I tried to encourage our mutual friends to stay in touch with Mitch, too. They did their best, but they weren’t as deeply involved as my wife and I. That’s not to say they didn’t generously offer their help, it’s just that they hadn’t walked this particular valley. Besides, it can be awkward even to initiate a conversation with someone in Mitch’s condition. Hell, ninety-five percent of male conversations start with, “Hey, how ya doin?” We all knew how Mitch was doing. He was dying. Mitch knew it, too.

As the battle went downhill, my role changed. I could no longer pretend there was hope. I couldn’t feign optimism without betraying the trust of a friendship that had always been based on honesty. In my calls I could only try to let Mitch know I cared and that I was with him. At times even that rang hollow to me. It was too damn little, but it was all I had to offer.

The time came when Mitch was too weak to even come to the phone, and so my conversations were with Madline. “How’s our boy today,” I’d ask, and she would fill me in on how he’d slept the night before or how bad the abdomen-swelling ascites was. Now it was Madline I tried to leave with something - anything - positive or comforting. It didn’t always work. Sometimes it was she who cheered me up.

I took to sporadically sending little “Care Packages” - some photographs of Mitch and me as teenagers, a few mementos from high school, and once even a picture of Mitch and an old girlfriend. Another time, I found a toy pool table and sent it along to recall our days as aspiring “Fast Eddie’s.”
Finally, Mitch was needing oxygen. The last countdown was near.

By the time I got off the plane, I’d figured out a few things Mitch and I might talk about, but sitting with him, he rattled on instead about the details of his disease and treatment. Although his labored breathing made speaking difficult, I could scarcely get in a word. This was not the talk we needed. Was he still fighting, still refusing to acknowledge the inevitable? Or was he just on autopilot?
After a while, Madline announced that the lawyers had arrived. There were papers to be signed - part of the “ordering of affairs.” I excused myself, saying I’d grab a sandwich someplace and call back after the lawyers left to see if Mitch was still up to company.

When I returned, Mitch was calmer. We chatted in the living room for a few minutes and then, when he said he was tired, I helped him back to bed. It was time to talk for real.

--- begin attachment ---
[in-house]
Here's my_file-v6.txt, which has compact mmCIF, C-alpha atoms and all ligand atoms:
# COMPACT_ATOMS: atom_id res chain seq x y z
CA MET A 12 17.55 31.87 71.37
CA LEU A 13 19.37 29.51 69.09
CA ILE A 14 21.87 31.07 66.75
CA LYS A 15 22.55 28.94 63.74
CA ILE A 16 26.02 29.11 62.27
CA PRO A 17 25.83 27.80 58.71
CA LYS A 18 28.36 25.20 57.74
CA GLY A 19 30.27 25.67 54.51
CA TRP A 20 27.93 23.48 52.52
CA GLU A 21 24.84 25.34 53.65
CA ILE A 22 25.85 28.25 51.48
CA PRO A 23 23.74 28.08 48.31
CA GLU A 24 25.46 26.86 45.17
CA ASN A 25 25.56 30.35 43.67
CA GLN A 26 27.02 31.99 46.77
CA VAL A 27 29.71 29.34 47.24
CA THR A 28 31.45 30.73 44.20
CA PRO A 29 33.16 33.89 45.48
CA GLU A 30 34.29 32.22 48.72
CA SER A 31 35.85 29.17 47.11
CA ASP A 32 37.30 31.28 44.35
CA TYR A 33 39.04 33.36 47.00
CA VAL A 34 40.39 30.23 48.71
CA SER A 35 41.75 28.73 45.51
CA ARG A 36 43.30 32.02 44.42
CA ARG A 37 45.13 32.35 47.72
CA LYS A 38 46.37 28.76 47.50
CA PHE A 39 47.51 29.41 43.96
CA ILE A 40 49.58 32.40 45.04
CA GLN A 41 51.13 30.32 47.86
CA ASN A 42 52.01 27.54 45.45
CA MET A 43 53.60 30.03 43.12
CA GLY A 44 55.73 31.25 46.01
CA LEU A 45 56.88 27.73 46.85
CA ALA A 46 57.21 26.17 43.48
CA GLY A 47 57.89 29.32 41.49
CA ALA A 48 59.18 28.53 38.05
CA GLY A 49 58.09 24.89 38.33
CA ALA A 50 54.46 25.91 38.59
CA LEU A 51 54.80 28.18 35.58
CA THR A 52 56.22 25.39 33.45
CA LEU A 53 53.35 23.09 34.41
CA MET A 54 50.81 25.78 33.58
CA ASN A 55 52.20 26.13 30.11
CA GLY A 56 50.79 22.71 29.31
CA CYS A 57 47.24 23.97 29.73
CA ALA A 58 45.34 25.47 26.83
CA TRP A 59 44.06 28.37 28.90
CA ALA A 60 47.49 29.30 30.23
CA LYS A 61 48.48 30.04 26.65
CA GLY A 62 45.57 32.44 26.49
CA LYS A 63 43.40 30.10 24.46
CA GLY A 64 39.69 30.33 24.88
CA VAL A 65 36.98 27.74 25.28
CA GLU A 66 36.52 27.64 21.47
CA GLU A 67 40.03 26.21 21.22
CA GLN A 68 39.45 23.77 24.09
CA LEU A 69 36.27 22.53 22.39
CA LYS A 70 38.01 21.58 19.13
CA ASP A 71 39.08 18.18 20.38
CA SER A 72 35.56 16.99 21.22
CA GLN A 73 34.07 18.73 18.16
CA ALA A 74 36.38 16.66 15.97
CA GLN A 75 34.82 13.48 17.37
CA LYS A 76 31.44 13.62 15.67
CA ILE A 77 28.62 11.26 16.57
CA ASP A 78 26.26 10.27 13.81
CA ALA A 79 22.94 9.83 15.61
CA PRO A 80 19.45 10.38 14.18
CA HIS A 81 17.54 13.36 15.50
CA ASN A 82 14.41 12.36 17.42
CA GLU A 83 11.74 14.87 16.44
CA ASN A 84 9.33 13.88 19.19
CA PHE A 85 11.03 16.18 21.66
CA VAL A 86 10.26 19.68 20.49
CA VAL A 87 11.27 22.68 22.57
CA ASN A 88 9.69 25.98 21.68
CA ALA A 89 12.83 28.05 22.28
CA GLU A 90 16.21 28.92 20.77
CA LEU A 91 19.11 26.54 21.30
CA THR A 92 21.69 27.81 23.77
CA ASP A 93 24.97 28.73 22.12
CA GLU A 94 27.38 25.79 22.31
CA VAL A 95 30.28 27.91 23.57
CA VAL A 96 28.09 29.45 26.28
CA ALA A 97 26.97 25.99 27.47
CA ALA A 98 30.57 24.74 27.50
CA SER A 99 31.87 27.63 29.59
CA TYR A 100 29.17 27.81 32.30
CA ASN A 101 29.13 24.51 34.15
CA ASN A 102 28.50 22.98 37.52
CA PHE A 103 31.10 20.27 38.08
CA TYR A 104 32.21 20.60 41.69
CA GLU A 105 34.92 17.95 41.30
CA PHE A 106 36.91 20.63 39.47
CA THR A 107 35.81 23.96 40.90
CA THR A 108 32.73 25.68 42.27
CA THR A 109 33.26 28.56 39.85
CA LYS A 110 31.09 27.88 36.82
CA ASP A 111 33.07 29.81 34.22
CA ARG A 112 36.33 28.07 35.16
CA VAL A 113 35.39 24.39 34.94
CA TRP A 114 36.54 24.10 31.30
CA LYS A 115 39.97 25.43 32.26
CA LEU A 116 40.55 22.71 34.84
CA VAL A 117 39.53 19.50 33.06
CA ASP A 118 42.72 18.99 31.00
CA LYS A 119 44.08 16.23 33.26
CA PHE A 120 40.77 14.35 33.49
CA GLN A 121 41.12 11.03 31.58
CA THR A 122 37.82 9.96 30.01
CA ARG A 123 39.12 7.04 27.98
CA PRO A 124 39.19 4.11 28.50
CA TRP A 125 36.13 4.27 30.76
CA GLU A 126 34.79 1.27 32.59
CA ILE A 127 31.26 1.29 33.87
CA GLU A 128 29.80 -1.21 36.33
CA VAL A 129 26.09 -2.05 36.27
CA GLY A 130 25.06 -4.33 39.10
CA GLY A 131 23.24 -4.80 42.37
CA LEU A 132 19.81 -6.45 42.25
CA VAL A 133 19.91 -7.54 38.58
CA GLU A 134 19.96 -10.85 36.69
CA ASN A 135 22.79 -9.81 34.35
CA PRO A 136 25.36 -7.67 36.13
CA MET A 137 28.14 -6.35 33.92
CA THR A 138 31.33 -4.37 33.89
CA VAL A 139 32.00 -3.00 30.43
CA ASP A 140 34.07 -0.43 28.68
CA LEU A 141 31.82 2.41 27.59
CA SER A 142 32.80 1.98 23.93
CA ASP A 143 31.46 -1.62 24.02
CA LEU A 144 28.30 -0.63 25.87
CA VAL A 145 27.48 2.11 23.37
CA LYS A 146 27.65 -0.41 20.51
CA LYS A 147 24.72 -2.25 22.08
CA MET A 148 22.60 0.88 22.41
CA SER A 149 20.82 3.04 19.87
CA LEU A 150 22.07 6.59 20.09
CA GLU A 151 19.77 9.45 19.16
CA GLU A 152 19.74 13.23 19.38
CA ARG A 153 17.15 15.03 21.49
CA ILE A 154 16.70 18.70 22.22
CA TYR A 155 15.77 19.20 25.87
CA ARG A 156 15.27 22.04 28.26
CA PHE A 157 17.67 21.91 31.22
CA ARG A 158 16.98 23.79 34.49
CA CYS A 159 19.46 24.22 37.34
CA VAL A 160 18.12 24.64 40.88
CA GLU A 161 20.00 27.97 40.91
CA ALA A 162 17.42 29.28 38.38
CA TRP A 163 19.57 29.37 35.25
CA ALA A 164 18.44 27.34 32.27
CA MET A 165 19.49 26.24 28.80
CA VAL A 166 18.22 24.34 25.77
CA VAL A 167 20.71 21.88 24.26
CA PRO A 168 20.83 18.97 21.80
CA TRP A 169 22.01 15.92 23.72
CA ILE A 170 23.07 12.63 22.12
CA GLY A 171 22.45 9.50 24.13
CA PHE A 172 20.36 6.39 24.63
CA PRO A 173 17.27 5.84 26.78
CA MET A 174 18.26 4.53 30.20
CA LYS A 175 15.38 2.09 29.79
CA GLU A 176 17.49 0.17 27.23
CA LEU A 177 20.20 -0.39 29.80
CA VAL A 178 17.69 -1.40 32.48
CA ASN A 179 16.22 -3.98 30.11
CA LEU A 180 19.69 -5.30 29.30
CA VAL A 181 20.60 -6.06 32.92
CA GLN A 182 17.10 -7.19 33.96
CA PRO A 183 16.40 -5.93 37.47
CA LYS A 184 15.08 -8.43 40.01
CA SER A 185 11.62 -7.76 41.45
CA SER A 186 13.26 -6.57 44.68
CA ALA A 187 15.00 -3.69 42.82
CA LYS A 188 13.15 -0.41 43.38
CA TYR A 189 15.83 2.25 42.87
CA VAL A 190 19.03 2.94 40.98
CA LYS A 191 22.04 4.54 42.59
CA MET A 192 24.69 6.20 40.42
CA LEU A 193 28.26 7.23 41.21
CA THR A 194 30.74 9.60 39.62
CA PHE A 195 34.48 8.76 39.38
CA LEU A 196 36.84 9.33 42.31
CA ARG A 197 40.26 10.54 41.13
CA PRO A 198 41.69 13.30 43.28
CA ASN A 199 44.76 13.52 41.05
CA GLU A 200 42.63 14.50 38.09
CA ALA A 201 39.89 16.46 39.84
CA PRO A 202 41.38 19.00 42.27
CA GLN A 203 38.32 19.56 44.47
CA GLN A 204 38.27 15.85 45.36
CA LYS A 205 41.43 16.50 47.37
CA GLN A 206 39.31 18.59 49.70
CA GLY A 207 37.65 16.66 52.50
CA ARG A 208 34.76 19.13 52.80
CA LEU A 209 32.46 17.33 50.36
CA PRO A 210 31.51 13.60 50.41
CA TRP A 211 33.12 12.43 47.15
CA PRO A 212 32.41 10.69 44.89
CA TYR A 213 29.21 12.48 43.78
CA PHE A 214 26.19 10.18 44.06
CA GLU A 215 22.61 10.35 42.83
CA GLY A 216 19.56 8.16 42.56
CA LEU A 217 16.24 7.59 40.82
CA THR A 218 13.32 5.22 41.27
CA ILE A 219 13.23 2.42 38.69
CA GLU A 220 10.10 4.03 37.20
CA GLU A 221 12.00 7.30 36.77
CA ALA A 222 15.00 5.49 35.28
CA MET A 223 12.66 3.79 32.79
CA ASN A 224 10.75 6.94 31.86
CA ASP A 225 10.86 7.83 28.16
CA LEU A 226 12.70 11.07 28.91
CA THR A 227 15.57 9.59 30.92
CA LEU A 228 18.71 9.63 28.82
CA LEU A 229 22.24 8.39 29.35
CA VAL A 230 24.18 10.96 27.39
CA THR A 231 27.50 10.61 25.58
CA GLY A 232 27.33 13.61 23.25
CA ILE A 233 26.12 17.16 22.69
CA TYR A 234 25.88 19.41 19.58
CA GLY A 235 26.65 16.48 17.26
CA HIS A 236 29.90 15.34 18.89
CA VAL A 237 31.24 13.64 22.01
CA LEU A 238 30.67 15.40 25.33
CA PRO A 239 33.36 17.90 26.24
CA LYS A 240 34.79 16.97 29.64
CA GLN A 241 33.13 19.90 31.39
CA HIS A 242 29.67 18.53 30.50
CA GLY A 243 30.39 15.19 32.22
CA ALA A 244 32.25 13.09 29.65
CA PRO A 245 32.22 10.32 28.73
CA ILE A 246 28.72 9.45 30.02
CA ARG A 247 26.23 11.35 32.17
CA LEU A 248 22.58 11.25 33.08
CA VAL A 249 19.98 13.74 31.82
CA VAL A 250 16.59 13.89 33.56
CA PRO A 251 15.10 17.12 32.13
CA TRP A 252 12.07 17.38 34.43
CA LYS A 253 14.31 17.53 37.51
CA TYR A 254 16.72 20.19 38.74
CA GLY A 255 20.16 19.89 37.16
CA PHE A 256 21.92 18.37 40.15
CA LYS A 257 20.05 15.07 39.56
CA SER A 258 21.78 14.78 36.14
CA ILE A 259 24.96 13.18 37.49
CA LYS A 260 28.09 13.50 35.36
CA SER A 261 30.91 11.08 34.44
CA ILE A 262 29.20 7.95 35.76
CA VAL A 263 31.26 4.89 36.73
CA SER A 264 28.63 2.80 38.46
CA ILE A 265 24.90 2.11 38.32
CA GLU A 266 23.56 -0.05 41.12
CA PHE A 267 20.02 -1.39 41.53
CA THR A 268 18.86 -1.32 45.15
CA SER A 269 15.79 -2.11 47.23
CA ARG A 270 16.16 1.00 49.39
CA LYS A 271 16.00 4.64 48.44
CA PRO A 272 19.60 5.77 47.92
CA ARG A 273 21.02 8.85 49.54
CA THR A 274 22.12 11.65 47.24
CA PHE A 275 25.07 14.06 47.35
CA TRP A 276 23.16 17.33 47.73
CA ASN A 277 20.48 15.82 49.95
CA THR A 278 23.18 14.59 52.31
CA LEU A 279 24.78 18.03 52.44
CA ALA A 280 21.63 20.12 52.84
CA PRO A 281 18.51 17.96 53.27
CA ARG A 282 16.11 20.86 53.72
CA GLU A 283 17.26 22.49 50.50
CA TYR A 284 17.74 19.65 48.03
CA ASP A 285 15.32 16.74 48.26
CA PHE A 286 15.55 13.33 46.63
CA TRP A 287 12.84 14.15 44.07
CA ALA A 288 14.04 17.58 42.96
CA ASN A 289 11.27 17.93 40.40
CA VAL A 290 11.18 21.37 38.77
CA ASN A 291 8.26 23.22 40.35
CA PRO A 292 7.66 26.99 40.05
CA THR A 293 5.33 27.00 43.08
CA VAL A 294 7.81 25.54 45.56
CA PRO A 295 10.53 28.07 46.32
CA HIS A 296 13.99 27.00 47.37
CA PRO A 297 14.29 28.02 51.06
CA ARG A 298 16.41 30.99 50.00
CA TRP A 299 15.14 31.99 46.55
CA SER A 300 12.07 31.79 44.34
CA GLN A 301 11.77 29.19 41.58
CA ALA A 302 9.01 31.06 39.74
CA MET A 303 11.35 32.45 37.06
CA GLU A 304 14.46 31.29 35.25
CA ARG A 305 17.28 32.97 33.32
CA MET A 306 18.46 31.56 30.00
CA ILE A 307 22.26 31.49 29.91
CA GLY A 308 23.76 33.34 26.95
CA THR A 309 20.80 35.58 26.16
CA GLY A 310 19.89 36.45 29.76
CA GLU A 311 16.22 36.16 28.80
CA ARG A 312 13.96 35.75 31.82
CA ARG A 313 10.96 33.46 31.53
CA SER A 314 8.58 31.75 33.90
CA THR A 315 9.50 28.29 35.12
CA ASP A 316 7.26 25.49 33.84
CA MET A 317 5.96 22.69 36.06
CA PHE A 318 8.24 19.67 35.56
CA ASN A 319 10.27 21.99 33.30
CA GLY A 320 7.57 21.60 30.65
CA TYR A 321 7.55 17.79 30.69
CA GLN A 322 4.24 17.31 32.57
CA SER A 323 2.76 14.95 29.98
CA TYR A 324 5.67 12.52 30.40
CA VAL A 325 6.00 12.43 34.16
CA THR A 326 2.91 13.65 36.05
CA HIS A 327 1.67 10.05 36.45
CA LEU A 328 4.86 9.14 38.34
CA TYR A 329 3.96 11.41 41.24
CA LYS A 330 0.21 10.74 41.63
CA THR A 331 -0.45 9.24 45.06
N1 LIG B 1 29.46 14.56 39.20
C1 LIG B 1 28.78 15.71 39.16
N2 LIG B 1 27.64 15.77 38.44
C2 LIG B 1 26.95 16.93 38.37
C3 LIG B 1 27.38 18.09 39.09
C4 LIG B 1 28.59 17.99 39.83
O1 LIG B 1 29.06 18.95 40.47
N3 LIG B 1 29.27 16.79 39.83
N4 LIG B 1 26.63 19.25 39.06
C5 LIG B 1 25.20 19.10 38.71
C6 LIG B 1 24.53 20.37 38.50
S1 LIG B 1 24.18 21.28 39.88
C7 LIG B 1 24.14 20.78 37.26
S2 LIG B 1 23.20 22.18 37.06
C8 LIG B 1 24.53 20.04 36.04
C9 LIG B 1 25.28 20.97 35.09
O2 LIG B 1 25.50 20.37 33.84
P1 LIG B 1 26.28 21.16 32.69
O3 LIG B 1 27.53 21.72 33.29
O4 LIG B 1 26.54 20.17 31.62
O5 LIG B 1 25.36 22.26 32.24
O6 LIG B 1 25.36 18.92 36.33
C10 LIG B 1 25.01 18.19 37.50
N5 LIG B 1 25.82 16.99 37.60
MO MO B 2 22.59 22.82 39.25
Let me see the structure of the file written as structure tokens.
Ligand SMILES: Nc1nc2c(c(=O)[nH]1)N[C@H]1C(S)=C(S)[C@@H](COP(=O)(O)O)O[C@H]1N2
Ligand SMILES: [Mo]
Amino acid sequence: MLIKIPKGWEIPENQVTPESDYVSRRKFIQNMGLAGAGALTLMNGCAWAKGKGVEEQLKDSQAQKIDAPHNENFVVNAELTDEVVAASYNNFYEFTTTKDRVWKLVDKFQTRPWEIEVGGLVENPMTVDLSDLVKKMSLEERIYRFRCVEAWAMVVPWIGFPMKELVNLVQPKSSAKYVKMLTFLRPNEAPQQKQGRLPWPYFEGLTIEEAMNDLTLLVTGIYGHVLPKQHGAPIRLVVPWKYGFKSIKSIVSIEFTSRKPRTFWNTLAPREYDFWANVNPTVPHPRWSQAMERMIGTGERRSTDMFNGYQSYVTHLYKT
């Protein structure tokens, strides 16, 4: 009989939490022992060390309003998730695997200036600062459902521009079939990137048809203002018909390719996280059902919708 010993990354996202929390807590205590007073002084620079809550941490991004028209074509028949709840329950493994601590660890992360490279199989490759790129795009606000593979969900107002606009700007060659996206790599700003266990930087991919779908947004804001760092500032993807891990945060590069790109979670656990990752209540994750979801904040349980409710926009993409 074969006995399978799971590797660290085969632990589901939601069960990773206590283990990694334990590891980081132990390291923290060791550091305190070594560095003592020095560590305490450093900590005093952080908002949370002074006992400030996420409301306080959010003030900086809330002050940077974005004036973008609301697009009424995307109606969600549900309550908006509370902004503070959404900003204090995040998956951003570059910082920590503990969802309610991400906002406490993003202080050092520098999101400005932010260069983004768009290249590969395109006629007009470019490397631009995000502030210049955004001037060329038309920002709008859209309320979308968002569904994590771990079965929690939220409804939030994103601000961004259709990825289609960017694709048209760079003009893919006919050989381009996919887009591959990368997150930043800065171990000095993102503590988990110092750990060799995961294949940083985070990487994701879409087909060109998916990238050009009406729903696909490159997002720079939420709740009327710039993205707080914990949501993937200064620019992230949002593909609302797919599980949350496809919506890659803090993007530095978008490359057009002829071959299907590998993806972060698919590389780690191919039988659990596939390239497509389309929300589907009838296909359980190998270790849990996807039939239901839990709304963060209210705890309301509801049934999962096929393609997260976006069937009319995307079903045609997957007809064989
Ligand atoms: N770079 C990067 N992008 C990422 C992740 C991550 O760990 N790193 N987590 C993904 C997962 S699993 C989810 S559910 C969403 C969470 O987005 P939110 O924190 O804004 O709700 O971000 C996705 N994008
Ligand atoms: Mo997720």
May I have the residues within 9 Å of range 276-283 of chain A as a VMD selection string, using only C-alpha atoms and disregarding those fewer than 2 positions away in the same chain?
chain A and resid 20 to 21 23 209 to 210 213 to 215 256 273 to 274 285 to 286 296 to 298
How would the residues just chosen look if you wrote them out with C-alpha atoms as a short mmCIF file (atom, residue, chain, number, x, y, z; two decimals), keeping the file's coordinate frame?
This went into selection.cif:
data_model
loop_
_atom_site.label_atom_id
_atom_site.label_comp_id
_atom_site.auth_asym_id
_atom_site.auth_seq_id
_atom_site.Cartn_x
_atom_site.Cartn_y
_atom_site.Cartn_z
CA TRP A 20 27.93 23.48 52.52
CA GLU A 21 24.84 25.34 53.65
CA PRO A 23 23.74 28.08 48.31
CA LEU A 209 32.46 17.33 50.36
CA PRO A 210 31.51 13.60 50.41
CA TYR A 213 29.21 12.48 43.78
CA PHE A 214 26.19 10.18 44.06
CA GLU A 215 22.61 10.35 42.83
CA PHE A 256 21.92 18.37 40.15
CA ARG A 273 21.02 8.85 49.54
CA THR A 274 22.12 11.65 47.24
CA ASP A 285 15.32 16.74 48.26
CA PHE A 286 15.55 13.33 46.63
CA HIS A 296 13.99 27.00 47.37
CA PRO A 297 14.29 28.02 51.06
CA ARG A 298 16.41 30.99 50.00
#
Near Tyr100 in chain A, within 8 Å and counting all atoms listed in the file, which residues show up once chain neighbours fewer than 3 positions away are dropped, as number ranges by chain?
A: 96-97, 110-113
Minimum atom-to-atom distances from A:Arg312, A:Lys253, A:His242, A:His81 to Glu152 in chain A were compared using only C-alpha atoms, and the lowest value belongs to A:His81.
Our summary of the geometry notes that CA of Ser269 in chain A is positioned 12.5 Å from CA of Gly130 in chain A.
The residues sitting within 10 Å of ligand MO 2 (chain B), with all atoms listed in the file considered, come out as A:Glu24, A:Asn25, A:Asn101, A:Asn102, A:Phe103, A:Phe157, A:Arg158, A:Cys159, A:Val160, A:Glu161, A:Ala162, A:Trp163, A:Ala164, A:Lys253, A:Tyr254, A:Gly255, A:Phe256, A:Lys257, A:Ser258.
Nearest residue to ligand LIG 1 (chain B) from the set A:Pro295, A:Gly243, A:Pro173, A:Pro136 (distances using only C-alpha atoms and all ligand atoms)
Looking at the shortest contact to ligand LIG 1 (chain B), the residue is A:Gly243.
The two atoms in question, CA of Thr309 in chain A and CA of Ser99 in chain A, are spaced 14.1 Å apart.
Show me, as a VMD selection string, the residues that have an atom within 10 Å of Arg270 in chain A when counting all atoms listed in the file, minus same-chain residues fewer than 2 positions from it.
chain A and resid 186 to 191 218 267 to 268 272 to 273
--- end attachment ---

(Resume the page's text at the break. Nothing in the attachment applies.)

I asked him if he was scared.

“No, God has His plans,” he said, “And it’s not up to us to question them.”

I asked if there was anything he felt he was leaving unfinished that I could help with.

He thought for a moment, then said, “Just try to make my son understand who I was.” He talked about how his sisters and his daughters had come to visit him and how he’d had each of them lie in bed beside him. Then he asked me to do the same.

“It just feels so good, Tom,” he said.

Holding hands, lying together on what might be Mitch’s deathbed, we talked about love and how it is the most important thing there is. I thought of something from my Irish heritage.

“Mitch, we’ve been friends for over forty years,” I said.

He murmured a soft “Uh-huh.”

“Well, you know what? I think it’s more than that. I think you and I were friends before we were born, and we’ll be friends long after we’re both gone. We’re friends of each other’s souls.”

He didn’t answer, but squeezed my hand to show he understood. “And, you know what,” I said, forcing a chuckle, “I don’t know if we’ll end up in the same place or not, but if we do, man, they better watch out!”

We were both choking back sniffles by then. I couldn’t do this much longer and he needed to rest. It was time to go. “Mitch,” I said, “Remember how, back in high school, at the end of the day when we went our separate ways, we never used to say goodbye.”

“Right,” he whispered, “‘Cuz we knew we’d see each other the next day.”

I got up and walked around to his side of the bed, stroked my friend’s head and looked into his eyes for what we both knew would be the last time.

“So, I’m gonna tell you like we used to say back then, buddy - not goodbye, but just ‘See ya’. I don’t know where or when, Mitch, but I will see you again.”

A trace of a smile flitted across his face. I gripped his shoulder for a moment, then turned and walked away.

“Tom,” he called softly as I reached the door.


“See ya.”

“You betcha, Mitch,” I said, “See ya buddy.” Then I turned out the light so my friend could sleep.
It was after midnight, alone in the motel room, when the tears came.


Tom Kiske '61

Mitch Kordonowy generously donated his time and talents to a number of community activities, including Junior Achievement and the YMCA's Y-Read program, which he continued even while undergoing chemotherapy. In recognition of his outstanding dedication, the YMCA has inaugurated an annual Mitchell Kordonowy award to recognize exemplary volunteer efforts.